The Carson dispatch center started out like every day that preceded it on Sept. 6, 2011.
Three employees were manning the stations, fielding 911 calls, handling fire alarms.
"It was one 911 call and then another. They kept coming in," said Marjorie Knowles, communications supervisor at the Carson City Sheriff's Dispatch Center.
She sent out the series of long beeps, known as a tone, over the radio system. This time, she did it longer than normal. Her co-worker had just picked up a 911 call about a shooting at IHOP.
She dispatched law enforcement after the tone. She did not contemplate or wonder. She just did.
"You don't have time to think. You just act on your experience and training," she said. "When there's a hot call, I try to take a deep breath."
Knowles and her fellow dispatchers' work made it seem to many on the other side of the radio - the law enforcement officers - that this was a drill, because her voice was so calm, they told her later during a debriefing.
"I thought it was a compliment," she said.
When Knowles listens to the tapes again, she can discern what law enforcement could not in her voice.
"When I listen back, I can hear something's up," she said.
That change in her voice was because she knew it was real.
"Your insides are just screaming," and the body is pumped full of adrenaline, she said.
First responders had no idea the cool-headed, cool-voiced Knowles struggled so.
The dispatcher's calming tone in an emergency "will be emulated by everyone else" and in the face of the shooting, the dispatchers remained completely calm, Carson City Sheriff Ken Furlong said. "They did phenomenal."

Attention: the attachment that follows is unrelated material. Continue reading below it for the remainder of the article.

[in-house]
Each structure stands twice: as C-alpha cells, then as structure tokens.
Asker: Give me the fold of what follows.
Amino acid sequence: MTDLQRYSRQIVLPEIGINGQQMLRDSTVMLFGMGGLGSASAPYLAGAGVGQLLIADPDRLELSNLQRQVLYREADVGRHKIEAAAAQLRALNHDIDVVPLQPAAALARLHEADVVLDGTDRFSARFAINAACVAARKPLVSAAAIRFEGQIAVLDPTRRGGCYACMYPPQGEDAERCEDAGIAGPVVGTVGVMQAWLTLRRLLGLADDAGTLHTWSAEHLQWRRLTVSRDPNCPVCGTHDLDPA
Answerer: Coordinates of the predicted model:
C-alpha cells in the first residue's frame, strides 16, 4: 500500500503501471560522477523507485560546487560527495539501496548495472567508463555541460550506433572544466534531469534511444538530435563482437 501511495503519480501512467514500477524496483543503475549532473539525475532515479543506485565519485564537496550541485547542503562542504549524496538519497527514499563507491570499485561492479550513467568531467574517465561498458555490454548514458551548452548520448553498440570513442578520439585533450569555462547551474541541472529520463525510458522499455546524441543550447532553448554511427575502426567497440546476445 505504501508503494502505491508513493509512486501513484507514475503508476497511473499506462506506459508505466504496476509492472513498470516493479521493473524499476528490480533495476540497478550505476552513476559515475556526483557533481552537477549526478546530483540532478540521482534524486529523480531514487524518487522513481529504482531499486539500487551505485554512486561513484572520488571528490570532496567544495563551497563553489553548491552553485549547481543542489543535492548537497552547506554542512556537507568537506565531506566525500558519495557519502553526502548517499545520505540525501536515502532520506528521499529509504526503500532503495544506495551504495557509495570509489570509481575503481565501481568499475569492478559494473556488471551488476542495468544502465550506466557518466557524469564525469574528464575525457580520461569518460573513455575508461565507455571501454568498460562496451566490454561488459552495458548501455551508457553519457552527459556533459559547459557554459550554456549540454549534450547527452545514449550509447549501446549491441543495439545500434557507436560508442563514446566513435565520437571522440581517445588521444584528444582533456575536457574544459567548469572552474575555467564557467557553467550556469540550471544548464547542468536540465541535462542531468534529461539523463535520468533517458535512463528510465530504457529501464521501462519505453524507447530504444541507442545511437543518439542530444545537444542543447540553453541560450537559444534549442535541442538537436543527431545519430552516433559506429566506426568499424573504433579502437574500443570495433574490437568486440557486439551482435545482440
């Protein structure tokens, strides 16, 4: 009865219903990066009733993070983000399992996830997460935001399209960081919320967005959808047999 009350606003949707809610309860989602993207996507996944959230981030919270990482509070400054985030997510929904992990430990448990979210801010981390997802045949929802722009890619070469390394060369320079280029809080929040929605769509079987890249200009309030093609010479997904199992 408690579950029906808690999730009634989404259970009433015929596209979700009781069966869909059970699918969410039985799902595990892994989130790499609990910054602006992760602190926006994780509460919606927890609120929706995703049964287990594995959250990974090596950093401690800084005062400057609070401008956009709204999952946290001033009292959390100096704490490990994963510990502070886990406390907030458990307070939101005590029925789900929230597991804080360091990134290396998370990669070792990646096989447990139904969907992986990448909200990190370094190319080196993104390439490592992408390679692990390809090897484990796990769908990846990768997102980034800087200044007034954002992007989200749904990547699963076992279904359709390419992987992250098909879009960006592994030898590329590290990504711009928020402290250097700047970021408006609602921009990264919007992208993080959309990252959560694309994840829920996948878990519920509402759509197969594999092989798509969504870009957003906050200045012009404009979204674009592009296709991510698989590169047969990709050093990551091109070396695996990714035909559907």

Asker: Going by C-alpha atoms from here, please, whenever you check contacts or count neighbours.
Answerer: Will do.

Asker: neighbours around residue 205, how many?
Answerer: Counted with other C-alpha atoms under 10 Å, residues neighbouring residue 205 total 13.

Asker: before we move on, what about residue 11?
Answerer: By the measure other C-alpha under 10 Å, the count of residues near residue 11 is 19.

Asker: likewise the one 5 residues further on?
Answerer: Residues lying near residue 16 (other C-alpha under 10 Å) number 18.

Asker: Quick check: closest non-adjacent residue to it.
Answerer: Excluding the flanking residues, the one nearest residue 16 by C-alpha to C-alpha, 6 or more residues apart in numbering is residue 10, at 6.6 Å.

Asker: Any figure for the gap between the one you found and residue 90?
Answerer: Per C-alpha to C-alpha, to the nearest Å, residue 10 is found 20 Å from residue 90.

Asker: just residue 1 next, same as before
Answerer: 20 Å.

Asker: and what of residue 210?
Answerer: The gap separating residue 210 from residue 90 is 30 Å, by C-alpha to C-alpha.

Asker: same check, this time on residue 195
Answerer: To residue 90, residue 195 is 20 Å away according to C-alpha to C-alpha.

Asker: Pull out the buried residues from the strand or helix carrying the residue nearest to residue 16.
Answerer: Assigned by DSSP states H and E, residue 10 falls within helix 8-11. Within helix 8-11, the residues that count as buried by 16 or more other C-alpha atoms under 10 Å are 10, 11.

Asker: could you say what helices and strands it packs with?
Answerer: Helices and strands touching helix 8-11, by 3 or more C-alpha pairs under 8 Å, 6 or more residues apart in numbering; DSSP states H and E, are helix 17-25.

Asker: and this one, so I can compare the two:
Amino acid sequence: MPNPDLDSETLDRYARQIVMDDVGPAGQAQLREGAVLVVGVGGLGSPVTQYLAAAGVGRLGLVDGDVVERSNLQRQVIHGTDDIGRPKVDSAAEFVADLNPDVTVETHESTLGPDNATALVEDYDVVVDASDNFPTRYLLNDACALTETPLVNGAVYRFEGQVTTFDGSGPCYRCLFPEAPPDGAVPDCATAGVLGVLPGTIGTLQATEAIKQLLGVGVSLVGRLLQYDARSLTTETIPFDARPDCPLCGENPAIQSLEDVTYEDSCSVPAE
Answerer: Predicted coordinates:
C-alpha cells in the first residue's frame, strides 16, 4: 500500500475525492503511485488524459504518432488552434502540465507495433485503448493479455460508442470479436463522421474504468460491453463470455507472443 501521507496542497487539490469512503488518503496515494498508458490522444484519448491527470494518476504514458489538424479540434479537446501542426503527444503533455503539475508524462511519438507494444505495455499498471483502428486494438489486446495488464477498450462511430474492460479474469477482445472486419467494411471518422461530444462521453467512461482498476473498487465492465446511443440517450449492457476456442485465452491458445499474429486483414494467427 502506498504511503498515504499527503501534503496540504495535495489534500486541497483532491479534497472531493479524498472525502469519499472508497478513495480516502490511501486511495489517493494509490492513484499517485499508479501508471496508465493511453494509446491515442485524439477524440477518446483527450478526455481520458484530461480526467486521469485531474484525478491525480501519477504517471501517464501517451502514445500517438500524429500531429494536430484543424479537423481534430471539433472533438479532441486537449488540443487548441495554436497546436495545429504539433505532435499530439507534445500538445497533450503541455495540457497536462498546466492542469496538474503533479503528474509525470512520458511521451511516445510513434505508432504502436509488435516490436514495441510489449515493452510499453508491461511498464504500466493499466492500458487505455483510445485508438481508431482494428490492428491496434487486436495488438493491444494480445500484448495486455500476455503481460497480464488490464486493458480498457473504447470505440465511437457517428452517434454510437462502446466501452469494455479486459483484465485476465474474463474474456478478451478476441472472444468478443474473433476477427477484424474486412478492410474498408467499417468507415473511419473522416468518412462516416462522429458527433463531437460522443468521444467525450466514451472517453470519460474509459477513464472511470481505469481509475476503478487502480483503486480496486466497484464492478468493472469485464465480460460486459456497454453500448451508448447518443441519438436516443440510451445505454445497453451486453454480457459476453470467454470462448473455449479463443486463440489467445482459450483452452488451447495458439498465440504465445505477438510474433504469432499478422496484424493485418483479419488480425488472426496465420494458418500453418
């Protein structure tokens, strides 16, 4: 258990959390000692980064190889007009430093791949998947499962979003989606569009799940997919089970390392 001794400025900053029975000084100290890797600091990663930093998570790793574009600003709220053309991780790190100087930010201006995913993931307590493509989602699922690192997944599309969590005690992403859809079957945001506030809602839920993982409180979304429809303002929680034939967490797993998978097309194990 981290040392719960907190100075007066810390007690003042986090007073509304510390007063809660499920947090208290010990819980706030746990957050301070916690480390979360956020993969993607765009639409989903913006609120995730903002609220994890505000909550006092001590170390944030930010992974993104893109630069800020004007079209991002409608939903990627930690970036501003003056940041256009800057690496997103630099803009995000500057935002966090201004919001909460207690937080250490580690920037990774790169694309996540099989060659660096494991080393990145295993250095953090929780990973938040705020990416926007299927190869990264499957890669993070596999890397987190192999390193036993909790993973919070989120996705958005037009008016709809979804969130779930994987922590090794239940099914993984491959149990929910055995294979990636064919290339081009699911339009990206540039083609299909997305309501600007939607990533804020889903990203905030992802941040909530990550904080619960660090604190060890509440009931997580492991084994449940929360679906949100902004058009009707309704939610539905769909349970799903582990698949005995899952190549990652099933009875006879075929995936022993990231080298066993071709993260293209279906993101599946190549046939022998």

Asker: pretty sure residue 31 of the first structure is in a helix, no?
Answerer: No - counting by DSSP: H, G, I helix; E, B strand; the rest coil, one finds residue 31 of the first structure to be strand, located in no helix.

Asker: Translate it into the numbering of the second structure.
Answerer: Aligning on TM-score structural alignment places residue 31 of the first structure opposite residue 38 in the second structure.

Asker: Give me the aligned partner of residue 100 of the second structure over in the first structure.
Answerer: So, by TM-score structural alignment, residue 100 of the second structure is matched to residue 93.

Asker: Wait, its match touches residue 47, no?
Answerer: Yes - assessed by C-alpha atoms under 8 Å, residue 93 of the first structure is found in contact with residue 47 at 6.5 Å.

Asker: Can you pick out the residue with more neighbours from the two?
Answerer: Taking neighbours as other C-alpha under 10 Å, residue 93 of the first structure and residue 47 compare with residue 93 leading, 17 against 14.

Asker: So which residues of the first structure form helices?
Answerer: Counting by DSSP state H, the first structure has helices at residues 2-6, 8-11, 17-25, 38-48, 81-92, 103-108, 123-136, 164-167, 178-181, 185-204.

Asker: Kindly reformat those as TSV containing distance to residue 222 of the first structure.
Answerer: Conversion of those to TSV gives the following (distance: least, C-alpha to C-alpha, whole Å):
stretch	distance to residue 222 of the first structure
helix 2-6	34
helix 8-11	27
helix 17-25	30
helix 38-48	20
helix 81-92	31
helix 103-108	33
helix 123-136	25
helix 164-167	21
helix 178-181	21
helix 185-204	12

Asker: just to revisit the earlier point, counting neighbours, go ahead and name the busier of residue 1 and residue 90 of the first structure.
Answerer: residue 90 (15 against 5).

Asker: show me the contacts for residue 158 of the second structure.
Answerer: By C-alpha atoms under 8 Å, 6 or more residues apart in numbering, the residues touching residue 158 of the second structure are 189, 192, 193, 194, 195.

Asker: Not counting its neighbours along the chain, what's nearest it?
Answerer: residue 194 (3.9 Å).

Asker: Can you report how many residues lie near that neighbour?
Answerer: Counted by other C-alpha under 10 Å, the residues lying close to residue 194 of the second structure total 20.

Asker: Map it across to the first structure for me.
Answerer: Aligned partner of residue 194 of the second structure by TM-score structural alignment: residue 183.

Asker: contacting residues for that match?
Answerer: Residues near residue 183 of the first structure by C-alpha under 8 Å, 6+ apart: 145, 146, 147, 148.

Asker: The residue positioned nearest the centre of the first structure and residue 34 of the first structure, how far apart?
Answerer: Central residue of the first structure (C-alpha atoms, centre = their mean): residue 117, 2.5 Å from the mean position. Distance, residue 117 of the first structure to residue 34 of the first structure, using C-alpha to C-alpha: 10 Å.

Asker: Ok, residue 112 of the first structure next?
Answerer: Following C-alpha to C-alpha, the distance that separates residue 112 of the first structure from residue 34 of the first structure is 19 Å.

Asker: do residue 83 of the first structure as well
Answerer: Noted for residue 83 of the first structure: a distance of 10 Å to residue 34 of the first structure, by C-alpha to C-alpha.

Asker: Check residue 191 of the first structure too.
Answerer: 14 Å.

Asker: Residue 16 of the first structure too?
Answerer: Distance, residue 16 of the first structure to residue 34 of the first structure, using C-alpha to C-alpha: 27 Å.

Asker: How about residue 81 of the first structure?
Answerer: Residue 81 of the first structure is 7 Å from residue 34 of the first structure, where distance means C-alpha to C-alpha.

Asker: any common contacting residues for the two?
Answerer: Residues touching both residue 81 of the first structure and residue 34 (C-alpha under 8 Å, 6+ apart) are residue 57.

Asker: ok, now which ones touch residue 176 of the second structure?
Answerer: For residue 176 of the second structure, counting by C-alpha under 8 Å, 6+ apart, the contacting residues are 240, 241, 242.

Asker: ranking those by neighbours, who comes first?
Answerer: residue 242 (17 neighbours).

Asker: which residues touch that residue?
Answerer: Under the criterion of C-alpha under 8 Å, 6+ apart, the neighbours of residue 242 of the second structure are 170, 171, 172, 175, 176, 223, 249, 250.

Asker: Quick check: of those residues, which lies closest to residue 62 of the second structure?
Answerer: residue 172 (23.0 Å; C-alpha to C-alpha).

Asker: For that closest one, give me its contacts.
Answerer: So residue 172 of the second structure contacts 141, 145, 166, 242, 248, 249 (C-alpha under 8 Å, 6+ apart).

Furlong was among those who weren't sure it was really happening.
"Even I questioned if it was an exercise someone had forgotten to tell me about," Furlong said. "The way it was delivered," one did not pick up the severity of the situation from the dispatchers' voices.
Through her 27 years of experience, Knowles has heard a lot. But this was the worst, she said.
The years of experience, her training and her brain's muscle memory aided her both in fielding the calls and understanding that the event was real.
"The amount of calls, the emotional level of the callers and sometimes the terror. We could tell this was a real incident . . . just by their voices."
Knowles paged her fellow dispatchers to help staff the communications stations and the command post vehicle on scene. The dispatchers fielded more than two dozen calls within the first two minutes of the shooting, which left four people and the gunman dead.
"The first half-hour was crazy, chaotic," she said.
By the end of the dispatchers' shift, co-workers relieved them and allowed them to go to the first of a series of debriefings.
The emergency responders were "full of compliments," she said. What they said "made me feel good."
It wasn't just her professionalism. The debriefings were a catharsis.
"Just being able to talk about it helped," she said.
She needed it after standing up from her station.
"It hits you after you get up," she said. "It hits you at once and it's surreal, you don't believe what happened."
Knowles and her co-workers went to the recent memorial service.
"We move on but it's still there," she said.